High praise for CSU international police training

19 NOVEMBER 2012

The NSW Premier, The Hon. Barry O'Farrell, MLA, has praised the work of CSU for its innovation in securing a three year contract with the Indian Ministry of Home Affairs to deliver an international education and training program for the Indian Police Service.

The NSW Premier, The Hon. Barry O’Farrell, MLA, has praised the work of Charles Sturt University (CSU) for its innovation in securing a three year contract with the Indian Ministry of Home Affairs to deliver an international education and training program for the Indian Police Service (IPS).
 
While visiting India last month as part of a NSW trade delegation, Mr O’Farrell visited the IPS’s National Police Academy in Hyderabad. Accompanied by CSU Associate Dean of Policing, Associate Professor Tracey Green and representatives from NSW Police and Australian Federal Police, the Premier attended a meeting with the senior executives of the Academy.
 
“The NSW Premier visited the Indian Police Service in recognition of the success of Charles Sturt University and the IPS in developing and delivering the Mid Career Training Program. This is an excellent example of international collaboration. We were pleased that the Premier was able to include this visit to the Academy, as NSW played a major role in hosting the students and sharing their experience,” Professor Green said.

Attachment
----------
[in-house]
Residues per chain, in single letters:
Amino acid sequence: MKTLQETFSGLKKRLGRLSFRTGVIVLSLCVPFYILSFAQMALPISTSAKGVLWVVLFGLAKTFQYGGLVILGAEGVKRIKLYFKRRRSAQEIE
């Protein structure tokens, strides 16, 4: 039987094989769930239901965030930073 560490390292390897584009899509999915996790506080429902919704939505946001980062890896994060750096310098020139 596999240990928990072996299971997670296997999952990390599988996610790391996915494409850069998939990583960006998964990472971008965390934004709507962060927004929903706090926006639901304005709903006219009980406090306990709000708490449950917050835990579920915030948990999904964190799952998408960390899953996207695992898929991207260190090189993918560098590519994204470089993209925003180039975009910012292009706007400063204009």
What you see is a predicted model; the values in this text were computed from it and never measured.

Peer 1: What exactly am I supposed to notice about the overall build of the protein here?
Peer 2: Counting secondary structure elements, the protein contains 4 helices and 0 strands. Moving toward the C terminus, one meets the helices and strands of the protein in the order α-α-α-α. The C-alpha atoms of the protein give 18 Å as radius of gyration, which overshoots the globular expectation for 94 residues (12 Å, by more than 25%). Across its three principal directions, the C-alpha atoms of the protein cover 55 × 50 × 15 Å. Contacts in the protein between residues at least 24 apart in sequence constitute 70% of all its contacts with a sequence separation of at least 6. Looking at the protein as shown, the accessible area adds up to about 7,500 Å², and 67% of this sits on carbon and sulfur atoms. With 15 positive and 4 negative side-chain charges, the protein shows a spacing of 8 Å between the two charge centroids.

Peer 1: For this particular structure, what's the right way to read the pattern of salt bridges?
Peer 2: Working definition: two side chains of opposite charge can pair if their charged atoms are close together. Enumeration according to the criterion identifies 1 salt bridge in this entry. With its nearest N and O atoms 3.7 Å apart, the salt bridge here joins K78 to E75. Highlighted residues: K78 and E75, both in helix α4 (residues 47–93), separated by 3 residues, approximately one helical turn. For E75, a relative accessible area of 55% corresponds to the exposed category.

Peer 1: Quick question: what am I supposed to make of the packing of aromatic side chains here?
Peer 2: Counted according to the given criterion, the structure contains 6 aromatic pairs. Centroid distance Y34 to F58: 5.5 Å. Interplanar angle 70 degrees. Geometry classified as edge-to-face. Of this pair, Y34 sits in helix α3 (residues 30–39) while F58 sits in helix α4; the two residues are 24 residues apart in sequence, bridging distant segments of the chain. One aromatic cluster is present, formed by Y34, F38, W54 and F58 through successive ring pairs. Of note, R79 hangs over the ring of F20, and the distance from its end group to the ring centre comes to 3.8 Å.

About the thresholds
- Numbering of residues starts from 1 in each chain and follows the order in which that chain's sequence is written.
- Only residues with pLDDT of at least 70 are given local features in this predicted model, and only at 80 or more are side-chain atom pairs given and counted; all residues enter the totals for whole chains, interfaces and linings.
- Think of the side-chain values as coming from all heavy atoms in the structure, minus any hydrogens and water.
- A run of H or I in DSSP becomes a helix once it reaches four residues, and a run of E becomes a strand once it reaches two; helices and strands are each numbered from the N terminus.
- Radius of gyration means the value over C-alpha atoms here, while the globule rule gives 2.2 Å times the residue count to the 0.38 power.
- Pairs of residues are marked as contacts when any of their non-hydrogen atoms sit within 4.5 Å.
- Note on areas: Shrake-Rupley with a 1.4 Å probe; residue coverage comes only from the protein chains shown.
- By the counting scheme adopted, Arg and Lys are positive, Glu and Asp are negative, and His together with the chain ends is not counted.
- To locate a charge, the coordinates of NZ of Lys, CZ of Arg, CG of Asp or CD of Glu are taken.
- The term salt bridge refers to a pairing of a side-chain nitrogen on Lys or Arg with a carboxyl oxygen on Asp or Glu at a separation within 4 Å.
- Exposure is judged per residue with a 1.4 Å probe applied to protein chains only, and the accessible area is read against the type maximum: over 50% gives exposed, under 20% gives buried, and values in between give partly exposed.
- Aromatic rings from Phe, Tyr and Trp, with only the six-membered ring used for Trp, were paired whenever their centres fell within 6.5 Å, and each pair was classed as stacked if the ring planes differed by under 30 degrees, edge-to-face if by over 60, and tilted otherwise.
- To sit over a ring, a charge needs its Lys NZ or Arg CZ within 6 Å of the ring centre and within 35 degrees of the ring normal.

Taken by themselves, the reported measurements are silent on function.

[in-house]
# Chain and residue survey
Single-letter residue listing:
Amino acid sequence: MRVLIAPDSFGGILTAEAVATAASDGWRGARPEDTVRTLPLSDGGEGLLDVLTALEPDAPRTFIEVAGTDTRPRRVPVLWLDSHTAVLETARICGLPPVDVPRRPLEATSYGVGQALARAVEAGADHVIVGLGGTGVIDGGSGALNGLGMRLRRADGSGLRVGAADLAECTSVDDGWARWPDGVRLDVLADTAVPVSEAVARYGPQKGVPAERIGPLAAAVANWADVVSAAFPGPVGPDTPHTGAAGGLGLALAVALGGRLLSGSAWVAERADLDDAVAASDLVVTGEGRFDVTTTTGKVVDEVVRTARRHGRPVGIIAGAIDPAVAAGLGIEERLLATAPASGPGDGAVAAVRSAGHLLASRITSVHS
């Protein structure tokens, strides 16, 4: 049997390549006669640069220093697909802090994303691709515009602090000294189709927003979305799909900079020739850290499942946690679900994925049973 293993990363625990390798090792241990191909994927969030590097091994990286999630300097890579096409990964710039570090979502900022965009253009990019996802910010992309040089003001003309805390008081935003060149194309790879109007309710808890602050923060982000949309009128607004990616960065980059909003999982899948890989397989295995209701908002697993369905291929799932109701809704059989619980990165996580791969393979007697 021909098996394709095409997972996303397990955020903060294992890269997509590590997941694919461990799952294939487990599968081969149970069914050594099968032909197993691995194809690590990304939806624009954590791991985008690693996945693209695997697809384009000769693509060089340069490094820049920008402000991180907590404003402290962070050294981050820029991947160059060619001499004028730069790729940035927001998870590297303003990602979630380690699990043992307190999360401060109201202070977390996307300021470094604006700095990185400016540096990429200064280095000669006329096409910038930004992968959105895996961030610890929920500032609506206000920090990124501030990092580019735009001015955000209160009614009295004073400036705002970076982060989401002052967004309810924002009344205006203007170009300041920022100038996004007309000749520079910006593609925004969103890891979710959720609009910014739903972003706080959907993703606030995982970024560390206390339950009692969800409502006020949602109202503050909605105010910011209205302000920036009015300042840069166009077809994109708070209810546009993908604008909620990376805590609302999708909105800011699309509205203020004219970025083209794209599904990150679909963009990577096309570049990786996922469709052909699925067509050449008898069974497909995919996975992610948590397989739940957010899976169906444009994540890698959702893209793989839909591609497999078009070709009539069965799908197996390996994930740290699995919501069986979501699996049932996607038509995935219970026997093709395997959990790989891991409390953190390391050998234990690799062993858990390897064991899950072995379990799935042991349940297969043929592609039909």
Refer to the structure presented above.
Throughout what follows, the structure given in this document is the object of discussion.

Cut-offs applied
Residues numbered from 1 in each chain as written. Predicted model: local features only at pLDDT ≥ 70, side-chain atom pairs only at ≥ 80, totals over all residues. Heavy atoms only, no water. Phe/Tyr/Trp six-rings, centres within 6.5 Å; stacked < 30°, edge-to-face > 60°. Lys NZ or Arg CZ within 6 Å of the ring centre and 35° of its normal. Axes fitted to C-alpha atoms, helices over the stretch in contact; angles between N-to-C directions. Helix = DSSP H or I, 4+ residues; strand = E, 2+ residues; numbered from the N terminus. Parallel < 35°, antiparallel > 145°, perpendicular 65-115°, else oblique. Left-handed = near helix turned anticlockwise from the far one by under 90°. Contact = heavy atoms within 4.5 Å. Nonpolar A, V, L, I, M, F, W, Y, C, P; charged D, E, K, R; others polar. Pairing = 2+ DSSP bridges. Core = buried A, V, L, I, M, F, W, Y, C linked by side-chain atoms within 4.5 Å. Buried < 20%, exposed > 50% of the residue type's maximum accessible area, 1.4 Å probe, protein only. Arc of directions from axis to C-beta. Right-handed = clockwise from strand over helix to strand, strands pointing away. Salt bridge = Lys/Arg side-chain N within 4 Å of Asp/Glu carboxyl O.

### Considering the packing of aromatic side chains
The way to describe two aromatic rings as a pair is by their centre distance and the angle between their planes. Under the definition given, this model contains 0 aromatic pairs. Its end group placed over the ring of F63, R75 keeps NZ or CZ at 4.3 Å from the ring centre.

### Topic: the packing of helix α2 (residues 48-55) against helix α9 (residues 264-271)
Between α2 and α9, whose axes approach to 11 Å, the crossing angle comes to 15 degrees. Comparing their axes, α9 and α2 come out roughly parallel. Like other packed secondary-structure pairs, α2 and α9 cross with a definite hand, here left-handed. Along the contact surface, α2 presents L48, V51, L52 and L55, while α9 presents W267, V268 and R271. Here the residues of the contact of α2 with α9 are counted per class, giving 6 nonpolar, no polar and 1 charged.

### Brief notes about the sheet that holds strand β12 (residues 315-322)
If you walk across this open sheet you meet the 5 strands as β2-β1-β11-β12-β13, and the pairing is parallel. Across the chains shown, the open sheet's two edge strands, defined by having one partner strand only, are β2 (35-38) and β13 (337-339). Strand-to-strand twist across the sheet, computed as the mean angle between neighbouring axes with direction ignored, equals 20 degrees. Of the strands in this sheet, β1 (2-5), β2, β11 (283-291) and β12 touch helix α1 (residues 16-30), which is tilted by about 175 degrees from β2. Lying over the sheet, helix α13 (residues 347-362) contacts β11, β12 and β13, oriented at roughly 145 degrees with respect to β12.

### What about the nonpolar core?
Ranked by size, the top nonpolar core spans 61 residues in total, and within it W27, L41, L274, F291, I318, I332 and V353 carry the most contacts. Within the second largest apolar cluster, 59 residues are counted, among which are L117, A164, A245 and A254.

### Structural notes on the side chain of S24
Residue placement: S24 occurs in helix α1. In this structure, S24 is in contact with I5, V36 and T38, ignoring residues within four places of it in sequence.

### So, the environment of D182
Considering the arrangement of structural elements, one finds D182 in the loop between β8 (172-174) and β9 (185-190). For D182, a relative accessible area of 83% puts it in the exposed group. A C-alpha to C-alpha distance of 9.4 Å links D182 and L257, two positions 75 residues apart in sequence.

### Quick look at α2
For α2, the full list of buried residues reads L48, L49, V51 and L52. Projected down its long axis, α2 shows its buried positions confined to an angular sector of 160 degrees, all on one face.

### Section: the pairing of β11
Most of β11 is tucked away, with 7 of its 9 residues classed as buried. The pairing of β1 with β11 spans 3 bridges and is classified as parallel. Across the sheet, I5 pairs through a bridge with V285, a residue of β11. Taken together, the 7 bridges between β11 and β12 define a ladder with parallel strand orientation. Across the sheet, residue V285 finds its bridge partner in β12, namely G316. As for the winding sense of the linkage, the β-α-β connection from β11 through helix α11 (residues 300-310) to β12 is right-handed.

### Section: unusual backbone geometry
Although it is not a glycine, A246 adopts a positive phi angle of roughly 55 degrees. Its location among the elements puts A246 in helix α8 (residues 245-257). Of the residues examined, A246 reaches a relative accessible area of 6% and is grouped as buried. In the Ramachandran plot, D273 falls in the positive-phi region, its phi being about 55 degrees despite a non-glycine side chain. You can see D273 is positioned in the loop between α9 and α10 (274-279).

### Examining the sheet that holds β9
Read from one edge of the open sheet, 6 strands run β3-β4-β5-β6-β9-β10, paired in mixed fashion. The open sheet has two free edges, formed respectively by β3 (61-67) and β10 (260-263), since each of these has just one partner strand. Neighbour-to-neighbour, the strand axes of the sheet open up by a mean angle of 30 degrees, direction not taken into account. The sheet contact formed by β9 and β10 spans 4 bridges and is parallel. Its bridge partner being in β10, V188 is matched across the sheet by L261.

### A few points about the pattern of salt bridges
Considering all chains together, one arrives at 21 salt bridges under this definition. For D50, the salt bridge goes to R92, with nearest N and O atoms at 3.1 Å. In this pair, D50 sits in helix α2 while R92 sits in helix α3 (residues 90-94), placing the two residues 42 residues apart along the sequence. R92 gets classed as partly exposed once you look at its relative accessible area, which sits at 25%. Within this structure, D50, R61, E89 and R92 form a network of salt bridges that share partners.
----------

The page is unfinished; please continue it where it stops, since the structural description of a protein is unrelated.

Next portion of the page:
The Premier praised CSU academics for the relationship they had developed with IPS over the past three years during which time they delivered the program to more than 300 senior Indian police officers, stating he was proud of the work NSW Police and CSU had done.
 
Mr O’Farrell was also delighted that his Deputy, The Hon. Andrew Stoner, MLA, met with the latest group of IPS officers when they visited Sydney in March this year. Read more here  
 
The Premier believed that the sharing of knowledge and best practice in policing was an excellent step forward in bilateral law enforcement and cooperation between Australia and India.
 
“The program has allowed senior Indian police to share experiences and network with Australian police from NSW, Victoria and the Australian Federal Police. It has been an excellent educational opportunity for all concerned,” Professor Green said.
 
“During the recent visit to India with the Premier, it was inspiring to hear that many alumni from the Mid Career Training Program have now transferred their learning into practice, implementing innovative change within their policing in India.
 
“There is no doubt they have a very challenging role and we Australians also gained a great deal from this successful program.” 

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